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Happy Hunting!

By Wendy Weiss
Posted Friday, January 21, 2005

Before you ever get on the telephone, send a marketing piece or set up an appointment with a potential customer, you must first identify whom that customer might be. To do that, you will need to create an "ideal customer profile"—a profile of who would be the best possible prospect for you and whatever you are selling.

Be very specific. You are creating the model to which you will match all prospects. The more specific you are, the easier it will be to find those prospects. Look at the entire demographics, location or target region, revenues, number of employees, specific industries and, especially, the title of the decision-maker. If you are in the consumer market, look at age, income level, marital status, interests... whatever might be relevant.

Once you have an ideal customer profile (and, by the way—you could have several different ideal customer profiles with a different approach for each), go to the library and tell the librarian exactly what you are looking for. She can probably tell you exactly where to find it—for free. At the library they have association directories, trade journals, business directories…

You can also join associations in related industries where you might find prospects. This will provide you with valuable networking opportunities, along with a membership directory. If you do not want to join an association, contact them anyway; sometimes associations sell their membership directories. You can do the same thing with trade publications in related industries. They sometimes sell their subscriber lists.

Your local chamber of commerce is also a good place to look for leads. And one of my favorite resources is the telephone book! Looking for prospects in a particular industry in your neighborhood? Open up the business yellow pages. There are online resources as well, such as, although there is generally a fee associated with these.

The last resource for finding leads is to rent a list. Find a broker with whom you are comfortable—someone who listens to your needs, is knowledgeable and helpful. And be specific about your parameters. The list broker acts as a liaison between you and the list owner. The broker works for you. You can also rent lists from list owners (i.e., companies or organizations that own their own in-house lists) or from list managers who are hired by list owners to manage and market their lists. Lists are generally rented on a one-time basis. If you rent a list and turn a prospect into a client, that client then becomes part of your in-house list or database (which, later, you can rent out!).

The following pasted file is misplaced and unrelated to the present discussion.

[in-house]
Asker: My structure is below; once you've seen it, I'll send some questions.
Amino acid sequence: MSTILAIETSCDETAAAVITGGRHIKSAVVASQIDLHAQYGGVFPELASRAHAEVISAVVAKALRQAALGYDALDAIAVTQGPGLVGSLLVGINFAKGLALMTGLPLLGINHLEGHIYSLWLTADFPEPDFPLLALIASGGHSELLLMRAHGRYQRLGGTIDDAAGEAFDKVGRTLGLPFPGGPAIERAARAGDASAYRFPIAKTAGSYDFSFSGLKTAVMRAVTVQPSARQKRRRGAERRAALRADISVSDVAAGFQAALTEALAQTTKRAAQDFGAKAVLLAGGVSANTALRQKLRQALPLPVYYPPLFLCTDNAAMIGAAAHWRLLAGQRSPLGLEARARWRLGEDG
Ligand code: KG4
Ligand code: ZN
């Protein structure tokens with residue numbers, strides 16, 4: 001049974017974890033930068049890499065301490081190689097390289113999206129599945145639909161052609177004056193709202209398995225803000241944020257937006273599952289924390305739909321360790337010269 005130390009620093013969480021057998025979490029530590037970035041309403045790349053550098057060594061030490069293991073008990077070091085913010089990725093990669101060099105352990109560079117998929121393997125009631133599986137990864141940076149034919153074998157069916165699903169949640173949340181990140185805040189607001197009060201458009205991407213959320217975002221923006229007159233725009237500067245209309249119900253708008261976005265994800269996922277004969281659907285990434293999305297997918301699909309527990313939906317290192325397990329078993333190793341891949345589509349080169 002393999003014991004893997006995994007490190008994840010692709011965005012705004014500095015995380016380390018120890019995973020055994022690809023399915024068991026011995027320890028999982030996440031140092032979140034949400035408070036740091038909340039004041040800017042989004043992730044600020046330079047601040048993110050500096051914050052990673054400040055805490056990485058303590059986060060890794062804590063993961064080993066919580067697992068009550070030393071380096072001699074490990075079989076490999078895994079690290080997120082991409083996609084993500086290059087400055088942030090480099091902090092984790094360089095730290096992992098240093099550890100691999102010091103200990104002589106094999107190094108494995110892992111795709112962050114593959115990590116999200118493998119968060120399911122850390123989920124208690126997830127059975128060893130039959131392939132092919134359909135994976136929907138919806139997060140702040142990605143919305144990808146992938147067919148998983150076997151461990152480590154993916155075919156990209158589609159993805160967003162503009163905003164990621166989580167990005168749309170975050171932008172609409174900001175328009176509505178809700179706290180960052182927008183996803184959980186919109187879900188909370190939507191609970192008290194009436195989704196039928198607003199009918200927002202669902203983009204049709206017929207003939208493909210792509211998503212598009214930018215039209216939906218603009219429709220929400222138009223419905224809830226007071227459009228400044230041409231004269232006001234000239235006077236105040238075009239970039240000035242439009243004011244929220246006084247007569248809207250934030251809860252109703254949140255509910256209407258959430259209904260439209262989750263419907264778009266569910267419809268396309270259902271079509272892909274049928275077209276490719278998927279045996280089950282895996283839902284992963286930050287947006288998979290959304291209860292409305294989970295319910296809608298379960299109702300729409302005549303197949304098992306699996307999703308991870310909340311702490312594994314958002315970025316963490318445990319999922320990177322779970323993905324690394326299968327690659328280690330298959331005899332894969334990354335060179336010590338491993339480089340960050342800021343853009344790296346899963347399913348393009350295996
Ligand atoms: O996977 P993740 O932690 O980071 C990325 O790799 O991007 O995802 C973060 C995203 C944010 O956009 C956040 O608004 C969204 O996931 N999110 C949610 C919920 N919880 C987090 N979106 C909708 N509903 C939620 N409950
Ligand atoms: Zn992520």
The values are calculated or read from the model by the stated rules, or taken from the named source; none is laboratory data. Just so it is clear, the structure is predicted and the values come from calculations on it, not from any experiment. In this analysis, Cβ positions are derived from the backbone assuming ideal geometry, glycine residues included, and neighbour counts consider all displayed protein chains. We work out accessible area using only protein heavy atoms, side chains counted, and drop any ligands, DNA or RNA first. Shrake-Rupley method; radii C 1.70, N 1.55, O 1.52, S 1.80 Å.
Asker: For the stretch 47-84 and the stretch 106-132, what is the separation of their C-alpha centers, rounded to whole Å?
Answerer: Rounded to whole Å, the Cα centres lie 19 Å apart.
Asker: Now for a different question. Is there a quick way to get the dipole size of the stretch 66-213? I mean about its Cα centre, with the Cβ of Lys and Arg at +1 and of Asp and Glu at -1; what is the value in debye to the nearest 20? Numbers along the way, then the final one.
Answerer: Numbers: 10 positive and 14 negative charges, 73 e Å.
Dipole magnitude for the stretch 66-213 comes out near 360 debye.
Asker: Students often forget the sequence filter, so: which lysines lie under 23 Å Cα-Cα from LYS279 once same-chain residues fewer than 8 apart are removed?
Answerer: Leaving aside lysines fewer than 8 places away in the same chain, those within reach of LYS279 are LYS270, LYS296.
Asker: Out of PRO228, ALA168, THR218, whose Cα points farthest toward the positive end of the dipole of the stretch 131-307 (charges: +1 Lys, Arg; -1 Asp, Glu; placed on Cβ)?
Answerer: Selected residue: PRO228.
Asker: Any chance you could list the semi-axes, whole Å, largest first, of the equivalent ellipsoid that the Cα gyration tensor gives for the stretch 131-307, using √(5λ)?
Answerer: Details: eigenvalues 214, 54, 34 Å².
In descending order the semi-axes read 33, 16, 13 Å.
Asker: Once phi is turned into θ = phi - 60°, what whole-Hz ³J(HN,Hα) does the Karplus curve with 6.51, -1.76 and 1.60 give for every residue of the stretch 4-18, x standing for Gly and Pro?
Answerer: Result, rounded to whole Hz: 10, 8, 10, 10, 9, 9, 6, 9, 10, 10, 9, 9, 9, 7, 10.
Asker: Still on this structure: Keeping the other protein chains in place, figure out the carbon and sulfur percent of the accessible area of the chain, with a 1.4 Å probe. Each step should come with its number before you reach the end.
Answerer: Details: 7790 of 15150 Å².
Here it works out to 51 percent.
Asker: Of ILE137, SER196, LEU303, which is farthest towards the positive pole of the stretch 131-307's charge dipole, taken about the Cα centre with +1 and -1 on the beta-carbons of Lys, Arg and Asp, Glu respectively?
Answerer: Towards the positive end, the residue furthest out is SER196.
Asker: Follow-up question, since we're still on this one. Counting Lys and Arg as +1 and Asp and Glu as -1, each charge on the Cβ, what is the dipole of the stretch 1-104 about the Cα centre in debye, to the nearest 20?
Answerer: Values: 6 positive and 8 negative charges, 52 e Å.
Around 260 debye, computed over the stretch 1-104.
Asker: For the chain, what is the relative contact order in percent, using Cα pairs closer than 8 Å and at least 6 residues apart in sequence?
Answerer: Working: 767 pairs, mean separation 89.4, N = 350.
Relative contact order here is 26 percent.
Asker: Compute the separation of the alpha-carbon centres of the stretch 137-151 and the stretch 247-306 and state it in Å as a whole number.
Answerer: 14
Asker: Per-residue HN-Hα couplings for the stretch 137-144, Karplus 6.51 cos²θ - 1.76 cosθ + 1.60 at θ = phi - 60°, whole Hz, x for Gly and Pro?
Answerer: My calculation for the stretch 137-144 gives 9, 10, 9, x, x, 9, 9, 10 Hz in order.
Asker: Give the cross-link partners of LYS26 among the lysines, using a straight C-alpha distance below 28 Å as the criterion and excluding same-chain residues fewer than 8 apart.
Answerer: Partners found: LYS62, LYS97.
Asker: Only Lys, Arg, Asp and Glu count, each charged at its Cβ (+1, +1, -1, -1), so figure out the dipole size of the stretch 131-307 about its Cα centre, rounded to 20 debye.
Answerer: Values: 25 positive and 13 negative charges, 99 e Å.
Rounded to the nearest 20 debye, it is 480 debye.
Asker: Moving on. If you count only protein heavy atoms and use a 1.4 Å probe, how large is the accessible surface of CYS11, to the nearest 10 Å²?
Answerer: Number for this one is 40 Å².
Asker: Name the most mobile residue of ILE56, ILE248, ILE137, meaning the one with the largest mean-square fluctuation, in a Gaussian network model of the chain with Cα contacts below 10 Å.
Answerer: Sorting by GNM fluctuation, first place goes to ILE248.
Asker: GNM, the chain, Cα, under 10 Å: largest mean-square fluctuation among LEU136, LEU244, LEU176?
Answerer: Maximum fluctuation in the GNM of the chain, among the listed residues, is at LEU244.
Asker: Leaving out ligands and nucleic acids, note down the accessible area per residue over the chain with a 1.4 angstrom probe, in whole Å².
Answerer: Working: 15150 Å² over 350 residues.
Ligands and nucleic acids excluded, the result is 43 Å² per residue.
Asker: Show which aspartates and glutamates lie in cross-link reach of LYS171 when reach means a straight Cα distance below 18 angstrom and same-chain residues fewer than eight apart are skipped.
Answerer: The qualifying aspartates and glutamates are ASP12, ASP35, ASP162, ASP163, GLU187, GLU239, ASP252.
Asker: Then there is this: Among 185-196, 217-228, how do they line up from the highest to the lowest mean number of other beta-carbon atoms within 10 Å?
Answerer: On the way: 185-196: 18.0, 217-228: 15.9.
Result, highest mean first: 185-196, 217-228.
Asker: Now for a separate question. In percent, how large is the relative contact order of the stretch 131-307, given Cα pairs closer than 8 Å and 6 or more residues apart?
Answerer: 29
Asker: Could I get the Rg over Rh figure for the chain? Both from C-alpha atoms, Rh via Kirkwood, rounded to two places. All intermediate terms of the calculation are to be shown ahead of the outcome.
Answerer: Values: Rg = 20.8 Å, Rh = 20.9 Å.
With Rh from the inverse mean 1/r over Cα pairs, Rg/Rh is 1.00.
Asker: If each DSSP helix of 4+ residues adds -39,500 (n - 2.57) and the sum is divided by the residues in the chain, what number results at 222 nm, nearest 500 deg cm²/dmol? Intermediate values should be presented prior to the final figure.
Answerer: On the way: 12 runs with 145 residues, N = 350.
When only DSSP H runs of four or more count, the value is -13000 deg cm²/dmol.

Because I almost never rent lists, I have asked Amanda Puppo, CEO of MarketReach, Inc., a New Jersey–based company focusing on appointment setting, list qualification and surveys, to give us her advice on renting a list. Amanda says:

1. Shop competitively on price, but remember that you want a source that will deliver what's promised and a broker that will be resourceful in helping you target your list.

2. You should (affordably) get the following "selects" on each "record": owner/president, address, phone number, fax number and often the staff size and sales volume, if you are going after businesses. If you are targeting individuals, you can get information like homeowner/renter status, marital status and income.

3. A good list company updates their lists at least once a quarter. The best ones do so once a month. People move. Companies go out of business. Situations change. A good list allows you to spend your time productively on qualified information. A company that only updates records once a year (especially in the personal/individual market) may not have the most recent information, which will limit your success.

4. The good news is that a targeted list of approximately 500 companies should cost no more than a few hundred dollars. The more records you purchase, the less the cost of each individual record. Each record will cost you between 15 and 90 cents, depending on how comprehensive the information.

You can reach Amanda by email at or by phone at (609) 448-6364.

Happy hunting!

About the Author
Wendy Weiss, “The Queen of Cold Calling & Selling Success,” is a sales trainer, author and sales coach. Her recently released program, Cold Calling College, and/or her book, Cold Calling for Women, can be ordered by visiting ( Contact her at Get Wendy’s free e-zine at (


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